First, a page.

Connections were examined between parent-child pretense and physical play and children’s (median age 5 years) social competence. Children’s emotion knowledge and self-efficacy were assessed as possible mediators linking parent-child play behavior and children’s social competence. The pattern of associations observed suggest that mutually responsive parent-child interaction during both pretense and physical play is associated with children’s social competence. In addition, parentchild joint pretense play is linked to children’s social competence. Children’s emotion knowledge was positively associated with children’s social competence, whereas children’s self-efficacy was negatively associated with social competence. Tests for mediation revealed that parent-child mutual compliance during play accounted for unique variance in children’s peer competence, whereas children’s emotion knowledge did not account for a significant portion of the variance.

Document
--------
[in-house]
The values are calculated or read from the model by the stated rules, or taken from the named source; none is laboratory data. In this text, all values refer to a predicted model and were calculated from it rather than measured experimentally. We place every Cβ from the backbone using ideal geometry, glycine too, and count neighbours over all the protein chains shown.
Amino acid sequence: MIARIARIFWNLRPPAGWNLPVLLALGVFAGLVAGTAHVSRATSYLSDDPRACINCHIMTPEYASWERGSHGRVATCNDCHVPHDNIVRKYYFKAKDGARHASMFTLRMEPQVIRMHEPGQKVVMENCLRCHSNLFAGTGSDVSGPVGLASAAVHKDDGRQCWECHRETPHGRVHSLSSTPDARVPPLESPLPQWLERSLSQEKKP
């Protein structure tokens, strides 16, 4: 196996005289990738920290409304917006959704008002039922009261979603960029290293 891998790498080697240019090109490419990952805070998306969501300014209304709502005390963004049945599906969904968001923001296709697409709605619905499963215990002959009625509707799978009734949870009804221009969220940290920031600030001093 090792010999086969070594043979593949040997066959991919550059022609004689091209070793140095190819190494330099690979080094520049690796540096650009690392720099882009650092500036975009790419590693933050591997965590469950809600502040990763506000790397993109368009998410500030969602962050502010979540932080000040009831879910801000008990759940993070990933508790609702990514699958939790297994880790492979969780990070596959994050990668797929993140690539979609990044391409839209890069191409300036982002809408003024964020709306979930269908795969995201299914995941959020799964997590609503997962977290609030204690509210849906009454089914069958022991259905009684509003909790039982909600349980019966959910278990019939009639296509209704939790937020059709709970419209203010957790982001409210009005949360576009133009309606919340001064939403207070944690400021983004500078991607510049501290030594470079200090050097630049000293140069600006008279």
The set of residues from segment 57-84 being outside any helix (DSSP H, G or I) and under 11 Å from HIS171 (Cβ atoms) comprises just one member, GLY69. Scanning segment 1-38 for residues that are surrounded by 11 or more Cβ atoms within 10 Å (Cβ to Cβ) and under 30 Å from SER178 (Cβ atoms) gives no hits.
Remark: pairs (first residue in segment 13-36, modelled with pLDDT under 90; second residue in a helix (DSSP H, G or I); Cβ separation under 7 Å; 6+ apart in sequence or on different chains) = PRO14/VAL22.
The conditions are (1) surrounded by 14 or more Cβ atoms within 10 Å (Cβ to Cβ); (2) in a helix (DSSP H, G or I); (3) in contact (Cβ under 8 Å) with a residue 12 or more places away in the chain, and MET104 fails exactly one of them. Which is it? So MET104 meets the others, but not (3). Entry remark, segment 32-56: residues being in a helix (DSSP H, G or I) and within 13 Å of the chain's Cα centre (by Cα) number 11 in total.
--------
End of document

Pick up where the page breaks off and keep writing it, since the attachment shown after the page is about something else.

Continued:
Lindsey, Eric W. and Mize, Jacquelyn
"Parent-Child Physical and Pretense Play:
Links to Children’s Social Competence,"
Merrill-Palmer Quarterly: Vol. 46:
4, Article 4.
Available at: https://digitalcommons.wayne.edu/mpq/vol46/iss4/4